HEARTWARMING! Local professor gives rousing speech amidst COVID chaos

Maximus Bean, Contributing Writer

A local medical science professor made a heartfelt speech in his class today about the hardships of COVID-19. Despite having his class on Zoom with a limited student attendance of 17, this brave individual recorded 65 minutes of the remainder of his 40-minute class talking about the harsh realities of this awful pandemic.

“It’s going to be okay,” Professor Peters assured students in a rousing speech. “We are all in this together. Although this pandemic may have separated us, it will not stop us from getting the work we need to get done, done.” After these brave and sincere words and the unbridled applause which followed, his students signed off to complete their 120-page reading and take-home dissection. When the Bucknellian asked him about this “ludicrous” assignment, he answered that “if they spend their time working, then they’ll have less time to go out and get sick.” Such services are especially vital after various COVID-19 spikes forced the University to shut down local sports, recreational facilities, dining centers and student organizations.

“Now that we’re safely quarantined in our rooms,” one student exclaimed, “COVID won’t slip mean notes under my door anymore.” Carrie Oversteele tested negative for her latest test, but it didn’t stop her from triple-masking anyways, just in case.

In other halls, students are crowding together in socially-distanced environments to make sure the disease goes to as few places as possible. One student described the predicament as such — “if we all stay together, the disease can’t catch us, because, like, we’re all in a room, and COVID hits you whenever you’re out in the hall, or outside, or even in the ELC, especially if you aren’t wearing a mask. Since we’re in Jerry’s room, we’re cool. You don’t gotta wear a mask in your room, right?” At time of writing, around six people occupied the room, each performing their take-home dissection and armed with a bottle of hand sanitizer and their last plastic fork. A seventh student remained posted outside the room, prevented from entering due to his “worrying” chicken pox.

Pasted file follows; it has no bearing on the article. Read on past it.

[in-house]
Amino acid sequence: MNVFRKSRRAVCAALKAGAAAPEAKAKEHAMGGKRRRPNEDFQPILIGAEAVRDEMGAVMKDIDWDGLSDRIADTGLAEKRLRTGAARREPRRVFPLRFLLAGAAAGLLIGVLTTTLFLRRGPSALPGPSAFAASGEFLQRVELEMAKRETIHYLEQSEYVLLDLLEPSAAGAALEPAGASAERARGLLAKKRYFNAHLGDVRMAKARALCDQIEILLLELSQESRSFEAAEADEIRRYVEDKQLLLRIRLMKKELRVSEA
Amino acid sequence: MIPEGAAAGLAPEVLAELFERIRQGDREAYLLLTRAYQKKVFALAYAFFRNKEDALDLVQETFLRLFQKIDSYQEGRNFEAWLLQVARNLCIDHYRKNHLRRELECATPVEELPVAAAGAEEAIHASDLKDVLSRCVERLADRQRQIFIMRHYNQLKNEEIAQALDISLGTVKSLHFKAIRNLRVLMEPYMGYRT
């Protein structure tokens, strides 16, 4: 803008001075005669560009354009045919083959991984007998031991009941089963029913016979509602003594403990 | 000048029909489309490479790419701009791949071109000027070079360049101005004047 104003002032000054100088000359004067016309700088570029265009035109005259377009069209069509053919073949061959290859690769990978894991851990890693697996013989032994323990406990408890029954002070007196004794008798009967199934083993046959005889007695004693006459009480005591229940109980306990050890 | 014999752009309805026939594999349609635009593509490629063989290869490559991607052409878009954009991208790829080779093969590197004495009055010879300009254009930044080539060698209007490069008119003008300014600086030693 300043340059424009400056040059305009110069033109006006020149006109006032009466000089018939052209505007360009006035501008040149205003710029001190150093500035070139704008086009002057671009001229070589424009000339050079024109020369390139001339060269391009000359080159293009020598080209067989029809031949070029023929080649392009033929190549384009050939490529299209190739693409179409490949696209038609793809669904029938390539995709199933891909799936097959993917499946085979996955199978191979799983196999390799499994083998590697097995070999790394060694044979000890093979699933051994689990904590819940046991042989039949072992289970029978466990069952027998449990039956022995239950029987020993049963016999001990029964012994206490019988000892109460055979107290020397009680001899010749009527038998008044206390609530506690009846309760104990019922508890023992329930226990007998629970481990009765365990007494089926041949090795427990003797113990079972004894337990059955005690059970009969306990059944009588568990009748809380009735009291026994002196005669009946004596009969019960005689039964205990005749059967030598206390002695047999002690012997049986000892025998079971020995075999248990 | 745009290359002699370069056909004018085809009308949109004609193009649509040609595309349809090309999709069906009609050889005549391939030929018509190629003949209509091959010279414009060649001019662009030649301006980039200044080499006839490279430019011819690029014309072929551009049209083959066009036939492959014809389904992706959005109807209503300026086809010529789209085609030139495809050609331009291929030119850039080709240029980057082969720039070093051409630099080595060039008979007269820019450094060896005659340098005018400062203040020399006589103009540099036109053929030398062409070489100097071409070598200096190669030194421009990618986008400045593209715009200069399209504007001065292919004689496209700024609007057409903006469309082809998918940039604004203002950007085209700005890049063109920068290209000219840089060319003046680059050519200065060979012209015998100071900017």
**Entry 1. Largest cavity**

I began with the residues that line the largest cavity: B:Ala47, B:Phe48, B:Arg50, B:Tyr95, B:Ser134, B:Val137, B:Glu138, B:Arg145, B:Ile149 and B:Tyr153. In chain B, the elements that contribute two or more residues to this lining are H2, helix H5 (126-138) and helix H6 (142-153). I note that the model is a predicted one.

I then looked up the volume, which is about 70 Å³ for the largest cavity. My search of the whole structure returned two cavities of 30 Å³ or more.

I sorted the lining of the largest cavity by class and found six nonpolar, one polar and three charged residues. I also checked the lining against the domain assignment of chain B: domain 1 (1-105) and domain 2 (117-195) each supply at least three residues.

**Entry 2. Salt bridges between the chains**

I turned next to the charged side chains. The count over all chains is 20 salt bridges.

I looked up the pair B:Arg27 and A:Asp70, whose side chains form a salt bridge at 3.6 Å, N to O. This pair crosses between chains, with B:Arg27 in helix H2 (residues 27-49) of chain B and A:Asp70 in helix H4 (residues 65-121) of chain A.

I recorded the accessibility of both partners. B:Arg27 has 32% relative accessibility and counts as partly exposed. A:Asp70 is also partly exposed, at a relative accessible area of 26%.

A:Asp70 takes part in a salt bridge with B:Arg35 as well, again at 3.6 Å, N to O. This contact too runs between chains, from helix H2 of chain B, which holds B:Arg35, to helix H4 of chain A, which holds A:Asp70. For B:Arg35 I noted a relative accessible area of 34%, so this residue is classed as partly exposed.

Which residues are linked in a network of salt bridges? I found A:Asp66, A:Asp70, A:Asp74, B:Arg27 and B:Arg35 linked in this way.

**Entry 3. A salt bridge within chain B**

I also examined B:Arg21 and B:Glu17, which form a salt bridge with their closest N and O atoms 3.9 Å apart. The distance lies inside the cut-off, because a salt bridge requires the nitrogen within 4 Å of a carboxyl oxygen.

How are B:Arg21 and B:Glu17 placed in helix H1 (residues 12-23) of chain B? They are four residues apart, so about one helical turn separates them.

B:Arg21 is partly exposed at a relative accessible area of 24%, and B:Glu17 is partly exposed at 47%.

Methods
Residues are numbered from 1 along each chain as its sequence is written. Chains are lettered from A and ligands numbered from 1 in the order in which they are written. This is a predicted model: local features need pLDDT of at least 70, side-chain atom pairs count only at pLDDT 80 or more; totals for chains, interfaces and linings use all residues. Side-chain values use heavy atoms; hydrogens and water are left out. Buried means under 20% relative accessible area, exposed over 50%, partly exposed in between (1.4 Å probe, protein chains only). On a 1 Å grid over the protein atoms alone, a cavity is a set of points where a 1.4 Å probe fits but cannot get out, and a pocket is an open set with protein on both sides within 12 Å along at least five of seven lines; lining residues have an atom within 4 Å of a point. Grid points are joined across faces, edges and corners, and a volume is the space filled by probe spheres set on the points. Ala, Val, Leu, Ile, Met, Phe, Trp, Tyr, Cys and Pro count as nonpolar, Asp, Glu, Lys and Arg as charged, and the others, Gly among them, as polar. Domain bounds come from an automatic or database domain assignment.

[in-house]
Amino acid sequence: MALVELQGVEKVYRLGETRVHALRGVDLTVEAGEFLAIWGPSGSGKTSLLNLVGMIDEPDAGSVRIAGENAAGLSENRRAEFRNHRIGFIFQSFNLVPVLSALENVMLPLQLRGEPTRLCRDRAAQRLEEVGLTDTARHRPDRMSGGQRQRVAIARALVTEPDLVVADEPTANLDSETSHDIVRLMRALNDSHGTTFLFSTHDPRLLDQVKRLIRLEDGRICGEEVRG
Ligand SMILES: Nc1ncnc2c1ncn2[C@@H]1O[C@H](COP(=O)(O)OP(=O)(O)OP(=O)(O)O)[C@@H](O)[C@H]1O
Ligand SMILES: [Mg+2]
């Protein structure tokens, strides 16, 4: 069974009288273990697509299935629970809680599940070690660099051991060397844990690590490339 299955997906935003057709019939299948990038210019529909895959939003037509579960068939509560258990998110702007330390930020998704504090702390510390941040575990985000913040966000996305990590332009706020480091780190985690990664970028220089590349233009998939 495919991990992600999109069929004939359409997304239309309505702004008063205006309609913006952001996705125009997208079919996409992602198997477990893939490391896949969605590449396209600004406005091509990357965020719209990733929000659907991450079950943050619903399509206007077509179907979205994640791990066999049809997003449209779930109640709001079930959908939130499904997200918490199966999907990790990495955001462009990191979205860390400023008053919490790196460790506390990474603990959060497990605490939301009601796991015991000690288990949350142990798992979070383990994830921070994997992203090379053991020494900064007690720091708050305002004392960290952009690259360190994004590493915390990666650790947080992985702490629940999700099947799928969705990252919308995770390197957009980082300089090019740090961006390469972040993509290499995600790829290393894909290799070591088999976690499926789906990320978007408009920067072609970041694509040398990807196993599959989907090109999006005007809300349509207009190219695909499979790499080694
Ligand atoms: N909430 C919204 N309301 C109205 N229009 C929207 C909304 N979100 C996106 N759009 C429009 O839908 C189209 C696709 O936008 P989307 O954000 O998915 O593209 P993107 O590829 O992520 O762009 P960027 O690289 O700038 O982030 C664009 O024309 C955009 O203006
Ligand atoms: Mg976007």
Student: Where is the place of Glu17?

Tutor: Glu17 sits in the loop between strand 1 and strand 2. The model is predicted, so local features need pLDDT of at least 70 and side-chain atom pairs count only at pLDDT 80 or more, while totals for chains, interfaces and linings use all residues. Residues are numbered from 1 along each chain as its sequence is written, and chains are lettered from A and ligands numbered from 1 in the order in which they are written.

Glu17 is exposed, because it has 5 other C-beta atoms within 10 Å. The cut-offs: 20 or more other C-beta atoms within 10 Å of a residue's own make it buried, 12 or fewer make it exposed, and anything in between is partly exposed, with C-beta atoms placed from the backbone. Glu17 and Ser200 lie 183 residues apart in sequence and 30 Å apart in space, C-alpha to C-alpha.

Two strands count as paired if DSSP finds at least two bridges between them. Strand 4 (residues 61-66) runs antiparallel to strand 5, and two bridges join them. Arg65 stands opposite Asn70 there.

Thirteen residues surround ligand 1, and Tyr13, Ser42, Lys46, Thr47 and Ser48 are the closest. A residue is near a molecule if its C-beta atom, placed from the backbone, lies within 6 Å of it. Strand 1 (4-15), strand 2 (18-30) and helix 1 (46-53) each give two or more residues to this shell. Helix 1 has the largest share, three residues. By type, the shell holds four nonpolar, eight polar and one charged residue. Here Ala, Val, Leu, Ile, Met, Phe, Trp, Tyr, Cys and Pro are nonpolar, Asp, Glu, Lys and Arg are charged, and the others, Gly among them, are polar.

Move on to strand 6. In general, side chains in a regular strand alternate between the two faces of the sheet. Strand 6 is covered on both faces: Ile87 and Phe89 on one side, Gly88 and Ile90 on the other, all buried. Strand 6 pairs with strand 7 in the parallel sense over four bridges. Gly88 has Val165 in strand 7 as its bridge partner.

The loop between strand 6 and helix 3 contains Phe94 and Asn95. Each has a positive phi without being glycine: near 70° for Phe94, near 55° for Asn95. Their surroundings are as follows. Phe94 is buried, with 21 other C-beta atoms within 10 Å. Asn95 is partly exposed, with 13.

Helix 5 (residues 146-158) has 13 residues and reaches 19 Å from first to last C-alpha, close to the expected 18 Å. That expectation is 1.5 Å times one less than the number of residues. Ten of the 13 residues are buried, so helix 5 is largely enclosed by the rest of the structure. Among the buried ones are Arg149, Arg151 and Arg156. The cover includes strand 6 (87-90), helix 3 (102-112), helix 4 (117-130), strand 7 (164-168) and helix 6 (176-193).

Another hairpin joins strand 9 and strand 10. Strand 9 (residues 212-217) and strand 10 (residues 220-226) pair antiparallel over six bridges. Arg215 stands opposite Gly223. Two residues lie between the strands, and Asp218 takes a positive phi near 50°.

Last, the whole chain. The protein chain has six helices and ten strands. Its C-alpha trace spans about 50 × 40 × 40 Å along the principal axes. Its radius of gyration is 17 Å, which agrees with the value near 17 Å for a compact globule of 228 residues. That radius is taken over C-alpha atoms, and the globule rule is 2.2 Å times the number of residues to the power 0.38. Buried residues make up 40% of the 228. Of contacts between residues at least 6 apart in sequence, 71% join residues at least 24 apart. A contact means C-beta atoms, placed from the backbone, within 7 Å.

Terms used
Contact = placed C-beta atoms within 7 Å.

It’s safe to say that even under the pressure of keeping the University running against a disease that could kill you instantly for daring to doubt its power, students and faculty are still doing fairly well for themselves. It is inspiring to see so many people come together (on Zoom: it’s dangerous to actually come together) in support of one another (not physical support, which could get you infected) and try to hold down the fort (metaphorically, actually trying to hold a fort would mean potentially exposing yourself to COVID-19) until this deadly virus passes by (But how will we know if it really has passed us by? What if it’s just messing with our minds? It could be hiding in a church, or a Walmart or even your favorite book! Don’t bother with any of those things. Just wait a few years).

In retrospect, that professor’s stunning speech brought to light something that we all could learn from. We really are in this together. We may not be in this together when it comes to actually being together, or seeing each other’s face not just a bunch of pixels, or how we choose to go about immunizing ourselves, because there is no such thing so far, but trust me, we all are in this together, for better or worse.

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